John Broadus: “This [γίνομαι ginomai] is not at all like the word rendered ‘fulfil’ in v. 17… Not the smallest part of the law shall pass away till everything (i.e., everything it contains) shall come to pass. The things predicted in the law must all occur; the entire substance foreshadowed by any ceremony or type must have come into existence.” Wm. Hendriksen translates it as “shall have taken place.” The ESV NIV NASB all have “accomplished”.

In other words, bringing to realization all the types and prophecies contained therein. This pertains not only to the salvific work of Christ, but the prophecies pertaining to the end of the age, the Judgment, and the New Creation and its paradise New Earth. On His throne in the heavens—the very throne of David (Luke 1:32, 33; Matt 25:31; Rev 3:21; 20:11)—the man Christ Jesus brings to completion the eternal purposes of His heavenly Father. Though I do think that “fulfilled” is the perfect word, allowing for the vast expanse included in what is written, “That in the dispensation of the fulness of times he might gather together in one all things in Christ, both which are in heaven, and which are on earth; even in him” (Eph 1:10).

Martyn Lloyd-Jones brings out more aspects of what is included:

We see also that, in a most extraordinary and wonderful manner, by so dying upon the cross and bearing in Himself and upon Himself the punishment due to sin, He has fulfilled all the Old testament types. Go back again and read the books of Leviticus and Numbers; read all about the burnt offerings and sacrifices; read about the tabernacle, and the temple ceremonies, all about the altar and the laver of washing and so on. Go back to those details and ask yourself, “What do all these things mean? What are they for, the shewbread, and the high priest, and the vessels, and all these other things? What are they meant to do?” They are nothing but shadows, types, prophecies of what is going to be done fully and finally by the Lord Jesus Christ. He indeed has literally fulfilled and carried out and brought to pass every single one of those types. Some may be interested in this subject and there are certain books in which you may find out all the details (see, for example, The Typology of Scripture, by P. Fairbairn). But the principle, the great truth, is just this: Jesus Christ, by His death and all He has done, is an absolute fulfilment of all these types and shadows. He is the high priest, He is the offering, He is the sacrifice, and He has presented His blood in heaven so that the whole of the ceremonial law has been fulfilled in Him. “Think not that I am come to destroy, but to fulfil.” By His death and resurrection, and the presentation of Himself in heaven, He has done all this.

But we go a step beyond this and say that He fulfils the law also in us and through us by means of the Holy Spirit. That is the argument of the apostle Paul in romans 8:2-4. He tells us quite clearly that this is one of the explanations of why our Lord died. “For the law of the Spirit of life in Christ Jesus hath made me free from the law of sin and death. For what the law could not do, in that it was weak through the flesh, God sending His own Son in the likeness of sinful flesh, and for sin, condemned sin in the flesh: that the righteousness of the law might be fulfilled in us, who walk not after the flesh, but after the Spirit [who enables us to keep the law]” This is most important and significant, for the apostle here links together two things: the way in which our Lord fulfilled the law Himself and the way He fulfils the law in us. That is precisely what our Lord is saying at this point in Matthew 5. He fulfils the righteousness of the law, and we are to do the same. The two go together. He does this by giving us the Holy Spirit, and the Holy Spirit gives us a love of the law and the power to live by it. “The carnal mind is enmity against God: for it is not subject to the low of God, neither indeed can be”, says the apostle Paul in that same eighth chapter of Romans. But we who have received the Spirit are not like that. We are not at enmity with God, and therefore we are also subject to the law. The natural man hates God and is not subject to His law, but the man who has received the Spirit loves God and is subject to the law. He wants to be so and is given power to be so: “that the righteousness of the law might be fulfilled in us, who walk not after the flesh, but after the Spirit.” Look at it this way. Through the prophet Jeremiah, God made a great promise. He said, in effect, “I am going to make a new covenant, and the difference between the new and the old will be this, that I am going to write My law in your minds and on your hearts. No longer will it be on tables of stone outside you, but on the fleshly tables of the heart.” The author of the Epistle to the Hebrews takes that up in the eighth chapter where he glories in the New Covenant, the new relationship, be-cause under it the law is within us, not outside us. It is because the law has been written in our minds and our hearts that we are anxious to fulfil it, and are enabled to do so.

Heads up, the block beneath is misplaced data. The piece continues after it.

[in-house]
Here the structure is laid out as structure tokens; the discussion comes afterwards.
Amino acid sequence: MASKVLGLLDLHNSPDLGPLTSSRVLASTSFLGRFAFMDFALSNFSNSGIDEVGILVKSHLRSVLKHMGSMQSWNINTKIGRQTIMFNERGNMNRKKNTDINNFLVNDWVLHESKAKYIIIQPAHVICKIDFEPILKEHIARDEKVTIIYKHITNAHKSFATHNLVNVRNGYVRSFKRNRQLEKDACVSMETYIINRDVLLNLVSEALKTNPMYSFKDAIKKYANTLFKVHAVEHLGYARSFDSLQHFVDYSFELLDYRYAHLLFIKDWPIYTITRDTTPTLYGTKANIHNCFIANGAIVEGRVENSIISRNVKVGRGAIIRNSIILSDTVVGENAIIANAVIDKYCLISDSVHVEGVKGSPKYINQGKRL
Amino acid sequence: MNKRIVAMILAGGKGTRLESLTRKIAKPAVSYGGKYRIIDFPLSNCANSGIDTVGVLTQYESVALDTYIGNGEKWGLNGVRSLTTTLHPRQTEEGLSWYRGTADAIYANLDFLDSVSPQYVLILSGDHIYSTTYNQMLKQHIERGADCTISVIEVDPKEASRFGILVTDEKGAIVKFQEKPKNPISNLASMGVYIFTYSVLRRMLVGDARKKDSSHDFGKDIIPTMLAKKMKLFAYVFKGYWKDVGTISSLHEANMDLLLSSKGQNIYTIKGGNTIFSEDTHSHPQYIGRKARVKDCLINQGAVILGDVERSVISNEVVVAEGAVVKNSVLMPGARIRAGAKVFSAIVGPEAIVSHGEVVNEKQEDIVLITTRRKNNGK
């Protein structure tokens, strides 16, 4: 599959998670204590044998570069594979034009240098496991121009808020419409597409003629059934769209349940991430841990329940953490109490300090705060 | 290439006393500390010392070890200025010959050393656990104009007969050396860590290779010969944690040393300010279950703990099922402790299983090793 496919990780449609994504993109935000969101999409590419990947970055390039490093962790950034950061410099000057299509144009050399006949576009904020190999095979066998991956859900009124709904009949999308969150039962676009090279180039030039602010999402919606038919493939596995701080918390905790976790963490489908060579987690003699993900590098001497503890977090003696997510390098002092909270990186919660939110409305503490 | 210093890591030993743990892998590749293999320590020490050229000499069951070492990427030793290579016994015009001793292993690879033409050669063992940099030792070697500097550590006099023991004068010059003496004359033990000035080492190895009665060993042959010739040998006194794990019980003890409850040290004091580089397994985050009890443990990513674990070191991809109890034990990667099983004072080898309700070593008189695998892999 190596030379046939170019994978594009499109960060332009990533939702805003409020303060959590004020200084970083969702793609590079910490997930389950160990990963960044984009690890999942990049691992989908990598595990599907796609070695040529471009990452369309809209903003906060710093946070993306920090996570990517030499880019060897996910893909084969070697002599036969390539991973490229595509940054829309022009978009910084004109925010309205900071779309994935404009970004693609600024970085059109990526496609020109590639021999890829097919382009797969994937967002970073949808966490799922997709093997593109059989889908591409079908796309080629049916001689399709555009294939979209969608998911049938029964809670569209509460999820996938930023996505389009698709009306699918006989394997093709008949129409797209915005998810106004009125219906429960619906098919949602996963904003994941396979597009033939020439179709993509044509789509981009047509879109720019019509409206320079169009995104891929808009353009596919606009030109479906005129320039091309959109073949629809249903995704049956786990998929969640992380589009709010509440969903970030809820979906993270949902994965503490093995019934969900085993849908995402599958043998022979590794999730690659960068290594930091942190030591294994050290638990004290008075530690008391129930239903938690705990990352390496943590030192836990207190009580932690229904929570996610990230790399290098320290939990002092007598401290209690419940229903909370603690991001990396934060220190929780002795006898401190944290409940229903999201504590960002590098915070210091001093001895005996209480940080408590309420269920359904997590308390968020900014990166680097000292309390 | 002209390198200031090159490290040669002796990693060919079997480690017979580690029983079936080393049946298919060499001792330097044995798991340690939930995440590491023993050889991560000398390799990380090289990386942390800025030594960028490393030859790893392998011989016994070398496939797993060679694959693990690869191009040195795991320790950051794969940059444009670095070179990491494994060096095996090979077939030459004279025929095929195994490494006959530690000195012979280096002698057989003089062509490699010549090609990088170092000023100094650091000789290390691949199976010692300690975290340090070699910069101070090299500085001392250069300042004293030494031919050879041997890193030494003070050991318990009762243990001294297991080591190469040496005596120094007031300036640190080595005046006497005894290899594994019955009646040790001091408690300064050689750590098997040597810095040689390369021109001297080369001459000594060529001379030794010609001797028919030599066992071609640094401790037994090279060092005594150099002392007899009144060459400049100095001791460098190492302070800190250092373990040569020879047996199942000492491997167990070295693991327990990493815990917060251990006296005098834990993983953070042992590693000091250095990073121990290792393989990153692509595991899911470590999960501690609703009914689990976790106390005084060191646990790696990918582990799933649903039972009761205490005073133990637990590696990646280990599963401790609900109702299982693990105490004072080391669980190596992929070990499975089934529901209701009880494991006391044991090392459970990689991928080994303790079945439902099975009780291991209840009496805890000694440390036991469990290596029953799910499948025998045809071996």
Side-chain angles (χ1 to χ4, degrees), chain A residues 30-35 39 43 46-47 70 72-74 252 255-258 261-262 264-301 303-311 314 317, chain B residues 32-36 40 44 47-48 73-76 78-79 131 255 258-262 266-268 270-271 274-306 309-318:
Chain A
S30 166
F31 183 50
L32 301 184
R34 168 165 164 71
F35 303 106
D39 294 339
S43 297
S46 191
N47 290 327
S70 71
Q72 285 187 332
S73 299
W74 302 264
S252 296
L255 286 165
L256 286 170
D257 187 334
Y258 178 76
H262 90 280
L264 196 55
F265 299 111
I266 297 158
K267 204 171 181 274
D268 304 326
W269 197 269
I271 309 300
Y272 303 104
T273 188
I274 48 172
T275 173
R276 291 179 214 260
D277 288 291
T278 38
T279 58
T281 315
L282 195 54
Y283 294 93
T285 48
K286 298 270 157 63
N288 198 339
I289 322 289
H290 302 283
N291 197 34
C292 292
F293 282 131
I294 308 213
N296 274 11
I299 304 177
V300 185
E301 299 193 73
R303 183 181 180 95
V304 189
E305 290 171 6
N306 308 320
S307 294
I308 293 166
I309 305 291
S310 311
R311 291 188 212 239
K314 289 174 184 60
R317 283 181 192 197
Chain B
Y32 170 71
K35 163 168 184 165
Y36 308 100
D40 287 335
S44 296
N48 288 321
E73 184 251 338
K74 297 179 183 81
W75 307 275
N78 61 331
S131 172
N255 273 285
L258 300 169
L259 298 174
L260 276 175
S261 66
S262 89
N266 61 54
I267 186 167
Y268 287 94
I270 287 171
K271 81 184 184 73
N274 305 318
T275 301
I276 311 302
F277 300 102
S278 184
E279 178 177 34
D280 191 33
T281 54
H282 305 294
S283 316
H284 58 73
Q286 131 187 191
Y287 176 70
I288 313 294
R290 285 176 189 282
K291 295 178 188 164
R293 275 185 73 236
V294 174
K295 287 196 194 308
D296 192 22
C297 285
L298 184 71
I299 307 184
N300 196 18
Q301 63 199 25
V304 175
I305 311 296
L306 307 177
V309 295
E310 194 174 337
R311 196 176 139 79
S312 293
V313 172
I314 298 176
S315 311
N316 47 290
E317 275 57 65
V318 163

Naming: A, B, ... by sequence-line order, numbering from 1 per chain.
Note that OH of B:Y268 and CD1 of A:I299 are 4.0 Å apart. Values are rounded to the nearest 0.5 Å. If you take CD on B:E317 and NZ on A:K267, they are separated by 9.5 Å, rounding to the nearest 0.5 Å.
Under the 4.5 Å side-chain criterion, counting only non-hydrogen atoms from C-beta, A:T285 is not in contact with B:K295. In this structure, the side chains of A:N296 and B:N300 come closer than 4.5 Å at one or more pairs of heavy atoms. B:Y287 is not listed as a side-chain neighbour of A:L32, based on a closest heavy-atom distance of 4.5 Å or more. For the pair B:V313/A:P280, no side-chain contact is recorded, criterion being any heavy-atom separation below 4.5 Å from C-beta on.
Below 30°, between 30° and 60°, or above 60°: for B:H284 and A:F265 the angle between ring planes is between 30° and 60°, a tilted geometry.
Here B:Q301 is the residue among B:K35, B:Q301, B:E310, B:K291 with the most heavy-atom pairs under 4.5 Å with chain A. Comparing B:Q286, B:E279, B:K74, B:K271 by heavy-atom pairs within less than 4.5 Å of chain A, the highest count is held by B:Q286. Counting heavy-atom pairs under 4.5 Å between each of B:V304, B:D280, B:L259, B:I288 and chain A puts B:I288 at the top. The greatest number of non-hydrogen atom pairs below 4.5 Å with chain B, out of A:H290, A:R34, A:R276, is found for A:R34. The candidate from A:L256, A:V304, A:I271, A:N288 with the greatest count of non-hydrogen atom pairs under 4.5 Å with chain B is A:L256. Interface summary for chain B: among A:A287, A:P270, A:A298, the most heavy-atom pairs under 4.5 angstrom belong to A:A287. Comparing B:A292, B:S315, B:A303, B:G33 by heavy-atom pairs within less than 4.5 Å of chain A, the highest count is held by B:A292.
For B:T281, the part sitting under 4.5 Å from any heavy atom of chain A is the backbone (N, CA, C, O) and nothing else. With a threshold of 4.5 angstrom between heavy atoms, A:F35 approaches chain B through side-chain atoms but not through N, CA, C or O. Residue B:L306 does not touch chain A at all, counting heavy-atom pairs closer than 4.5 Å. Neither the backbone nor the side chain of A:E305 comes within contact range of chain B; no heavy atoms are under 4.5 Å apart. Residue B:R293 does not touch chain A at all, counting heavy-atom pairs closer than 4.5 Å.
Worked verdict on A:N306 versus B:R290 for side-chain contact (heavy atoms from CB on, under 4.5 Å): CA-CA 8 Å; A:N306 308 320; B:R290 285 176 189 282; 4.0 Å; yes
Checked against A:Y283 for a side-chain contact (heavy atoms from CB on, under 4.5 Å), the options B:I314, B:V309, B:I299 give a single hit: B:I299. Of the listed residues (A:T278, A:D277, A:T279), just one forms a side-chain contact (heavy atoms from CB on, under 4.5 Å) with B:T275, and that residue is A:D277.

[End Lloyd-Jones]​

One commentator gives these pertinent quotes concerning the law in the New Covenant believer:

“The law ceases to be a standard external to the individual, it has become an integral part of his personality”, and, “the law…[has been] transformed from a foreign ruler into a native and inward impulse”. –A.S. Peake, cited in W.D. Davies, The Setting of the Sermon on the Mount.​

Till heaven and earth pass signifies all that shall take place until the end of the age when heaven and earth are burned up and replaced with a new heaven and earth. Till this happens not one “jot or tittle”—the tiniest parts of Hebrew letters—shall be removed from the law, or rendered void. In the Westminster Confession of Faith at 1.8 where it is written of the Scriptures, they “being immediately inspired by God, and, by His singular care and providence, kept pure in all ages”, Matt 5:18 is given as a text of proof that the very words cannot pass away, but must be preserved intact and infallible, without error, in all ages.
Not open for further replies.